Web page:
The image of Chris Froome running up a mountain without his bike is an image no cycling fan is going to forget for a long long time. While amusing, the circumstances surrounding it were pretty disgraceful and could have been so much worse.
Australia’s Richie Porte rode straight into the back of a motor bike which had to quickly stop to avoid running over members of the crowd who had encroached too far onto the road.
— CyclingCentral (@CyclingCentral) July 14, 2016
Normally towards the end of a cycling race or at a pivotal place on the course, barriers are erected to ensure that the crowd stays back. The stage on which the Froome incident occurred on was shortened and it appeared that the barriers had not been moved from the original finish to the new finish line. In an event such as this with worldwide media and a viewing audience of millions – how does that happen? Surely Tour de France organisers can do better than that.
Putting that aside, the real issue here is with certain members of the cycling fan base. Watch any cycling event such as the Tour de France and you will see stage after stage, hooligans attempting to run alongside a cyclist and at times appearing to get way too close. If it is TV time that they’re after, there are plenty of other ways to do that without putting the cyclist and their own safety at risk. Put in enough effort in a respectable manner, and you can very easily get some air time. Be creative, don’t be an idiot.
— Le Tour de France (@LeTour) July 17, 2016
Ask Phil Liggett or Paul Sherwan – the voices of cycling. I’m sure they’d tell you that they would much rather be discussing your cheeky roadside outfit or clever aerial art that can be shown from the helicopter than having to discuss you being taken way in an ambulance because you collided with a cyclist.
You cannot put barriers along the route of the whole race. It just isn’t feasible. Cycling is so great, because you can get so close to the athletes that you are there to see. But there is close, and then there is too close. If you’re touching the cyclist or are at risk of upending them, you’re too close. The same theory can be applied with cameras, mobile phones and any other paraphernalia that has the ability to cause injury.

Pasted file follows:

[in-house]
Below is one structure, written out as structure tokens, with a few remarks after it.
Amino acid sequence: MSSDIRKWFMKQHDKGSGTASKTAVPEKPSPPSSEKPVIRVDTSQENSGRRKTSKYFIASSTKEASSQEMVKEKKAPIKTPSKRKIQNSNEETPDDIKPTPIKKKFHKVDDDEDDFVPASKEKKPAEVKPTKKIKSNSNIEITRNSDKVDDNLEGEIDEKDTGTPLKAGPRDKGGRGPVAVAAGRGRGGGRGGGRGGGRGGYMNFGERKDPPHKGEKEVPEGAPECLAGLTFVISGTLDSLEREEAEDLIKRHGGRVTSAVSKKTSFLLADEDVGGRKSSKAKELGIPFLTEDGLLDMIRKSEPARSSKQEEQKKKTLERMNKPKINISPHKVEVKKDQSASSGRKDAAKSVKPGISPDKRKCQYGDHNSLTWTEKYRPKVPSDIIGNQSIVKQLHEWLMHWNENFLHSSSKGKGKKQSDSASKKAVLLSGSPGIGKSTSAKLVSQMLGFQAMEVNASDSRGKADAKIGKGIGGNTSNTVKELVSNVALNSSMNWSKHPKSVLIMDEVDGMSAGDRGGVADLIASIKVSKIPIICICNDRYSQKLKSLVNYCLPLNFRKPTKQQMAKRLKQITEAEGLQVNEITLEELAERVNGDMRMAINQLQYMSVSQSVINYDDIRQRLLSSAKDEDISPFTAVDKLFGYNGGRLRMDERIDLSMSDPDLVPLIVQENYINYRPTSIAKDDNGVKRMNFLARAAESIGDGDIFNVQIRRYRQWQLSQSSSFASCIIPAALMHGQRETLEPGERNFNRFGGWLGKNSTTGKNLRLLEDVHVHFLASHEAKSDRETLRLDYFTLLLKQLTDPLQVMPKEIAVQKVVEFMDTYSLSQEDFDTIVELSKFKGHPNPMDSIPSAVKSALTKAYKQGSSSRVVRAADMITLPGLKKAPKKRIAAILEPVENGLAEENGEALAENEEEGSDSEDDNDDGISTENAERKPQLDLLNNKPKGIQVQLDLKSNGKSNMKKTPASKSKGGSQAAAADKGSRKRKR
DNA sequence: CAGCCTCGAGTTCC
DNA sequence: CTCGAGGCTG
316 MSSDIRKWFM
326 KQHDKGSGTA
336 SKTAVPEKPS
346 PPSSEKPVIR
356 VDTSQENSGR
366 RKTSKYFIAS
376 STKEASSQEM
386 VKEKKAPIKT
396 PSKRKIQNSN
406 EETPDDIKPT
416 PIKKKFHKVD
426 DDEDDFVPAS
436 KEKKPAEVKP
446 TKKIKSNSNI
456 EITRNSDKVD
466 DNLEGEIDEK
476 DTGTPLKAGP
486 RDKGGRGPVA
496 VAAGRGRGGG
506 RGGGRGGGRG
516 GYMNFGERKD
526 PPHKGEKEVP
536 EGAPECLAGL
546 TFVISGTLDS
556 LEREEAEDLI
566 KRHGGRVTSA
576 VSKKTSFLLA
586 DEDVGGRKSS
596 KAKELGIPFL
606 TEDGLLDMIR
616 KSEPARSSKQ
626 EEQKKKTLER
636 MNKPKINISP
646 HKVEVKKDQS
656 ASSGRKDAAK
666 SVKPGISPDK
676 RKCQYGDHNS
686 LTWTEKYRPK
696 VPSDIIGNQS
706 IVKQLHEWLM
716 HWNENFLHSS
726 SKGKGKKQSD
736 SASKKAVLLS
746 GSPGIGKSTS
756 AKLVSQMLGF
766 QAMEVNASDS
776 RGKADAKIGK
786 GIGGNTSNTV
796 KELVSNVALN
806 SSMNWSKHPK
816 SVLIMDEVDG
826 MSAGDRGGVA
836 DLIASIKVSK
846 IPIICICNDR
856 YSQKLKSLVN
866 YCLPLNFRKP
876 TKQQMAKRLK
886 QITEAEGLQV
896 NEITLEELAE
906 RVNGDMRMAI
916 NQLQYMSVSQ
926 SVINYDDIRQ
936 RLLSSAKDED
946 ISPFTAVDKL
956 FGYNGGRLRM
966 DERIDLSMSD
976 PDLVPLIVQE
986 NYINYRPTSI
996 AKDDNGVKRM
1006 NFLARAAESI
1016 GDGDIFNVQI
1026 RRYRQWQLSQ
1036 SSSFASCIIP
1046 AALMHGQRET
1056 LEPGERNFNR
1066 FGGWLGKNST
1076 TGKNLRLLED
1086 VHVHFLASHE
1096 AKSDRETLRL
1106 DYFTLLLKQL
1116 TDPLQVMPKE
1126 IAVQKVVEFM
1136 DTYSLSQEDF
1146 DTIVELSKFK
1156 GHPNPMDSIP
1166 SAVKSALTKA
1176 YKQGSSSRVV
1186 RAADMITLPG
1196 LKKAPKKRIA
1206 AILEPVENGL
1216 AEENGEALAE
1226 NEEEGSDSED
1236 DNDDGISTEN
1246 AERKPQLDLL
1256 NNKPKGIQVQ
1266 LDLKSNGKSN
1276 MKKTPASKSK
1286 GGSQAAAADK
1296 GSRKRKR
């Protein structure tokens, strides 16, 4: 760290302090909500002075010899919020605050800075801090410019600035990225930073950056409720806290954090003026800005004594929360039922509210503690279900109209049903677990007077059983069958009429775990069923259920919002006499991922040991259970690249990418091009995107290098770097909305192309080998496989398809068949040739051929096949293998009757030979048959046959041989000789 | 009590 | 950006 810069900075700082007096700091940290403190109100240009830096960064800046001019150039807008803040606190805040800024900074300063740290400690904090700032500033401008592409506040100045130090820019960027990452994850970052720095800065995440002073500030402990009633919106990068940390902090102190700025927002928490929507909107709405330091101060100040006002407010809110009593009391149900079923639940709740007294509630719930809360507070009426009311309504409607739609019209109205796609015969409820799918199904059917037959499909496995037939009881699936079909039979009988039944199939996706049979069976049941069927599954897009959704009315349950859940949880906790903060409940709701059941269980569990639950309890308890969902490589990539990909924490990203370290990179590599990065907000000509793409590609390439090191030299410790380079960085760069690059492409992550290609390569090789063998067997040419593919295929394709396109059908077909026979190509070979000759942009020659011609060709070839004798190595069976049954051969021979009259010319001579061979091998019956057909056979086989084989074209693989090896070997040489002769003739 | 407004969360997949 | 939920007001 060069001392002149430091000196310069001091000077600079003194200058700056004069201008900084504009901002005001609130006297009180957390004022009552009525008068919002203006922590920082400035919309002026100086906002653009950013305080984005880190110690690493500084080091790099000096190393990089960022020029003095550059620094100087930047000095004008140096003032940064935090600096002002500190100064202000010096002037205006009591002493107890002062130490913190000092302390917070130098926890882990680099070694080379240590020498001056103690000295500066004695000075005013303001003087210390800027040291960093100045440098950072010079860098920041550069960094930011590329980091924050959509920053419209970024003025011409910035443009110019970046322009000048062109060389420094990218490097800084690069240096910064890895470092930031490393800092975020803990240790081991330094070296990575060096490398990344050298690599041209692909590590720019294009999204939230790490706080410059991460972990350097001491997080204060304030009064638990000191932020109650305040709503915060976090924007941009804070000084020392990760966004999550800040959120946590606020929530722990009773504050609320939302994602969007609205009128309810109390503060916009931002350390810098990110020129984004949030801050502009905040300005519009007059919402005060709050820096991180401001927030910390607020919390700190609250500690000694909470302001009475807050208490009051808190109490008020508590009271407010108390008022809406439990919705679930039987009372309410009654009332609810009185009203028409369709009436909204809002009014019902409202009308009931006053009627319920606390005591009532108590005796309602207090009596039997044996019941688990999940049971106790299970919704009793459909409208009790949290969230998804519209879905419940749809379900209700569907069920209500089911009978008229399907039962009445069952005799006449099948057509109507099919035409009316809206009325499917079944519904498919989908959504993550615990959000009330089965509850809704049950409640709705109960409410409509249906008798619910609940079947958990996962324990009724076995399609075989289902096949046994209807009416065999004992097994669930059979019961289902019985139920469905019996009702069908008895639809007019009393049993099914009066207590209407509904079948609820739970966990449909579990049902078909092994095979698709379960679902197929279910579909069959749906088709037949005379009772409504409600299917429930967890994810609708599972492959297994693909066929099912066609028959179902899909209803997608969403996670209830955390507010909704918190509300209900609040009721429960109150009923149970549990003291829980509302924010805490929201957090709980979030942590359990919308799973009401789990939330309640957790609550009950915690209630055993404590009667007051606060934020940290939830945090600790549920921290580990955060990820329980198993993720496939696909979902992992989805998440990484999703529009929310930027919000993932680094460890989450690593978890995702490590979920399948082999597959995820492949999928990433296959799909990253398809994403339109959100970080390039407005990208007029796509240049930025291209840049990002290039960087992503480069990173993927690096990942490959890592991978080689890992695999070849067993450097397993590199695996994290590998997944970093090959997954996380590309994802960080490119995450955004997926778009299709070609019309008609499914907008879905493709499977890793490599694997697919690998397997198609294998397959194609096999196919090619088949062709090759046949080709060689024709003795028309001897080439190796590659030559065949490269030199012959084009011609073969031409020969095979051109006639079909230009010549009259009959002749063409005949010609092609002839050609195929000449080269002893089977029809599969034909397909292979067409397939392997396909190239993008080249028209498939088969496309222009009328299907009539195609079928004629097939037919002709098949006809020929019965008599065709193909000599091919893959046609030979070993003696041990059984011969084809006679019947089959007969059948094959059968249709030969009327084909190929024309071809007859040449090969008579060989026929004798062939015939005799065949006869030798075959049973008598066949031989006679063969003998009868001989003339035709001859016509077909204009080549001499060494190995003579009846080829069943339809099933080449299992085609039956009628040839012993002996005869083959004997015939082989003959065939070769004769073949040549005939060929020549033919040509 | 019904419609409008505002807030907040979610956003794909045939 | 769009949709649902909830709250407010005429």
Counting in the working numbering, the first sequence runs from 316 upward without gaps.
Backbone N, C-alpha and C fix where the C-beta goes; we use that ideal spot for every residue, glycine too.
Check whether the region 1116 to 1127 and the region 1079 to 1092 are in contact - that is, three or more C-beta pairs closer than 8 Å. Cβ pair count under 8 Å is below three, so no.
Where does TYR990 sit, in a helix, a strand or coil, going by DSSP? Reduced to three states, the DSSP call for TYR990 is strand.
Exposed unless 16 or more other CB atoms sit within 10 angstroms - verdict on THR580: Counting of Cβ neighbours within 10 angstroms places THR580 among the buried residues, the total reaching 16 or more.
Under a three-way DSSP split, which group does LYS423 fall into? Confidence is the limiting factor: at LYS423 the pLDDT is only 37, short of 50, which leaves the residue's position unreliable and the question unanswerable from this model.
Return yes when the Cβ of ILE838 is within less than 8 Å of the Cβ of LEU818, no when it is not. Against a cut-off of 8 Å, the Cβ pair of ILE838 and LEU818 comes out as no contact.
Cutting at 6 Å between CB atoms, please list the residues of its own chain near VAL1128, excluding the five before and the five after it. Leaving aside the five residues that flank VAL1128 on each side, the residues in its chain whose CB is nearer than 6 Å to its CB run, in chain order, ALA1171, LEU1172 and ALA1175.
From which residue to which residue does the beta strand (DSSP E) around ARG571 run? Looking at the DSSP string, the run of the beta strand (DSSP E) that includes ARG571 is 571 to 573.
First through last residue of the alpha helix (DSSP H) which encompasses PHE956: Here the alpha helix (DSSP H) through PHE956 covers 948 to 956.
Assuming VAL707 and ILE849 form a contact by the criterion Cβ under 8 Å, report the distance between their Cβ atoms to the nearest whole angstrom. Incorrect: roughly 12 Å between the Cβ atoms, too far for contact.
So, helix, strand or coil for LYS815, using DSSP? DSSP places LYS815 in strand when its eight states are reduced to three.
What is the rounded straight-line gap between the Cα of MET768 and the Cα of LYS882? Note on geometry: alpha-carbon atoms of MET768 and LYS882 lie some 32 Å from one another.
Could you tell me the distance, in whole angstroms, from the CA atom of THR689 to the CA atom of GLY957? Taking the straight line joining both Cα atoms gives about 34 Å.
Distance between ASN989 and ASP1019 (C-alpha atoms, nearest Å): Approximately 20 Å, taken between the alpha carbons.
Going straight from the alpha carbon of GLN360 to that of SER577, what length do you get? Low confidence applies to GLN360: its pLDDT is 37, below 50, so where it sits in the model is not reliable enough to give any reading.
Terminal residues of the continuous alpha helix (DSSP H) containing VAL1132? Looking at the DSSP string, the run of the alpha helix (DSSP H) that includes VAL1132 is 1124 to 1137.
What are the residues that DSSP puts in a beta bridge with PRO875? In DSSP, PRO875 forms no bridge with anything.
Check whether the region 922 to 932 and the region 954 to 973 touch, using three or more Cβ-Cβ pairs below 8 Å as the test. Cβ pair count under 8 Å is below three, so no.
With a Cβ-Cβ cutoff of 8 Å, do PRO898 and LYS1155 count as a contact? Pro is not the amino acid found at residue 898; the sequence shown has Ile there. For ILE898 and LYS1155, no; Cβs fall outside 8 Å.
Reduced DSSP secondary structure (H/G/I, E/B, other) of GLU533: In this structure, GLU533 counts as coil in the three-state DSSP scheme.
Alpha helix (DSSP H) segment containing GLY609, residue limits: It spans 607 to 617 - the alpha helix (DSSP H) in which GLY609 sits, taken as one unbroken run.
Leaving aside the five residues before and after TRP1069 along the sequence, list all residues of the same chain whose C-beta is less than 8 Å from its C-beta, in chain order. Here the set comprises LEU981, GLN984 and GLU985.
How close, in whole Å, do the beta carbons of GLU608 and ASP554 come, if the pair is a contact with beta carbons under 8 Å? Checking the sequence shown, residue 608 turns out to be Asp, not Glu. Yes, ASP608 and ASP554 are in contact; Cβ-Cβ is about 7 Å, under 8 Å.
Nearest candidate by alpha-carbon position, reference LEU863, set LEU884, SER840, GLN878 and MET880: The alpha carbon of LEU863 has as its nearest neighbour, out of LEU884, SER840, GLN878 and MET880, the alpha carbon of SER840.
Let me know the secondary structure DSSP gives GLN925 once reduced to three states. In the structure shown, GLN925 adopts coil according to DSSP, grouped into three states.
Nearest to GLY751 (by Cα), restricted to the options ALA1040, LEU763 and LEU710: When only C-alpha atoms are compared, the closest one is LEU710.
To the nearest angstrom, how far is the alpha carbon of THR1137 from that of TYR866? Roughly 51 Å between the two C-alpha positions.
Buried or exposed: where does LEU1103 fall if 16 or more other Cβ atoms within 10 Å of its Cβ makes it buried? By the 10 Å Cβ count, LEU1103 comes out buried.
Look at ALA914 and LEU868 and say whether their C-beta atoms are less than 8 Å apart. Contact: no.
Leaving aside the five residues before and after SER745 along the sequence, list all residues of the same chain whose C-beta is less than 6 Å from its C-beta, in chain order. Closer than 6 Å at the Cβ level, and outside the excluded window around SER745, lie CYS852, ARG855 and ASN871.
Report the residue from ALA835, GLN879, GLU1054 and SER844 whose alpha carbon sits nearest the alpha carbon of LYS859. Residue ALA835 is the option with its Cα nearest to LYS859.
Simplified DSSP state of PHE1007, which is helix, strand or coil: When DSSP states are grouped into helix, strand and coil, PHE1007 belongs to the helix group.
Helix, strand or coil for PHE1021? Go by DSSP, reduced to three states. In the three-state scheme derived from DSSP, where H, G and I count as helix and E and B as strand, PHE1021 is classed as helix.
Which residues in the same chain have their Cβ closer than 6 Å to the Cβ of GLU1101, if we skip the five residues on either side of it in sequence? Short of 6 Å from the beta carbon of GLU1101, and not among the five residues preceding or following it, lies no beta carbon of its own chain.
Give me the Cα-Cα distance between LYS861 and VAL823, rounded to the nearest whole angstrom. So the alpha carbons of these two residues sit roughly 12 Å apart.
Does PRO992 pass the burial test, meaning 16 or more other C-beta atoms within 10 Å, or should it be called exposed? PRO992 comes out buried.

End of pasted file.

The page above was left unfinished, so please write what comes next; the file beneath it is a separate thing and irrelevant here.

At the footy if you’re sitting on the fence, you don’t jump the fence to touch the player, nor do you poke them with a selfie stick. The same rules need to be adhered to at cycling events.
Perhaps a blue honour line, much like that used at the Adelaide Christmas Pageant needs to be painted along the route. The crowd is not allowed to cross it, keeping the cyclists safe. Hard to police, but it is a start.
Chris Froome got so frustrated with a roadside fan in this years race, that he punched the fan in the face. And rightly so. Does the world cycling body need to look at issuing fines to people who fail to obey the rules? Over the years we have seen cameras, people and even dogs get in the way of the riders at the Tour de France. The current measures simply are not working.
What is Froome doing!!!!#tdf
— Thomo (@liamthompson1) July 14, 2016
Ultimately poor behaviour of this kind is hard to police and in the end it is up to the fans themselves to do the right thing. The majority do, but it only takes one to ruin an event or a career. Imagine if Froome or Porte had broken a collarbone and had to forfeit the race? Imagine if the motor bike rider had sustained serious injury or if someone in the crowd had been run over or bundled onto the ground. What would be the repercussions then?
Cycling fans help make cycling events what they are. Passion and spirit can all be shown in ways that don’t put anybody in harms way. If you really want to be out on the course, sign up for your local cycling club and start cycling!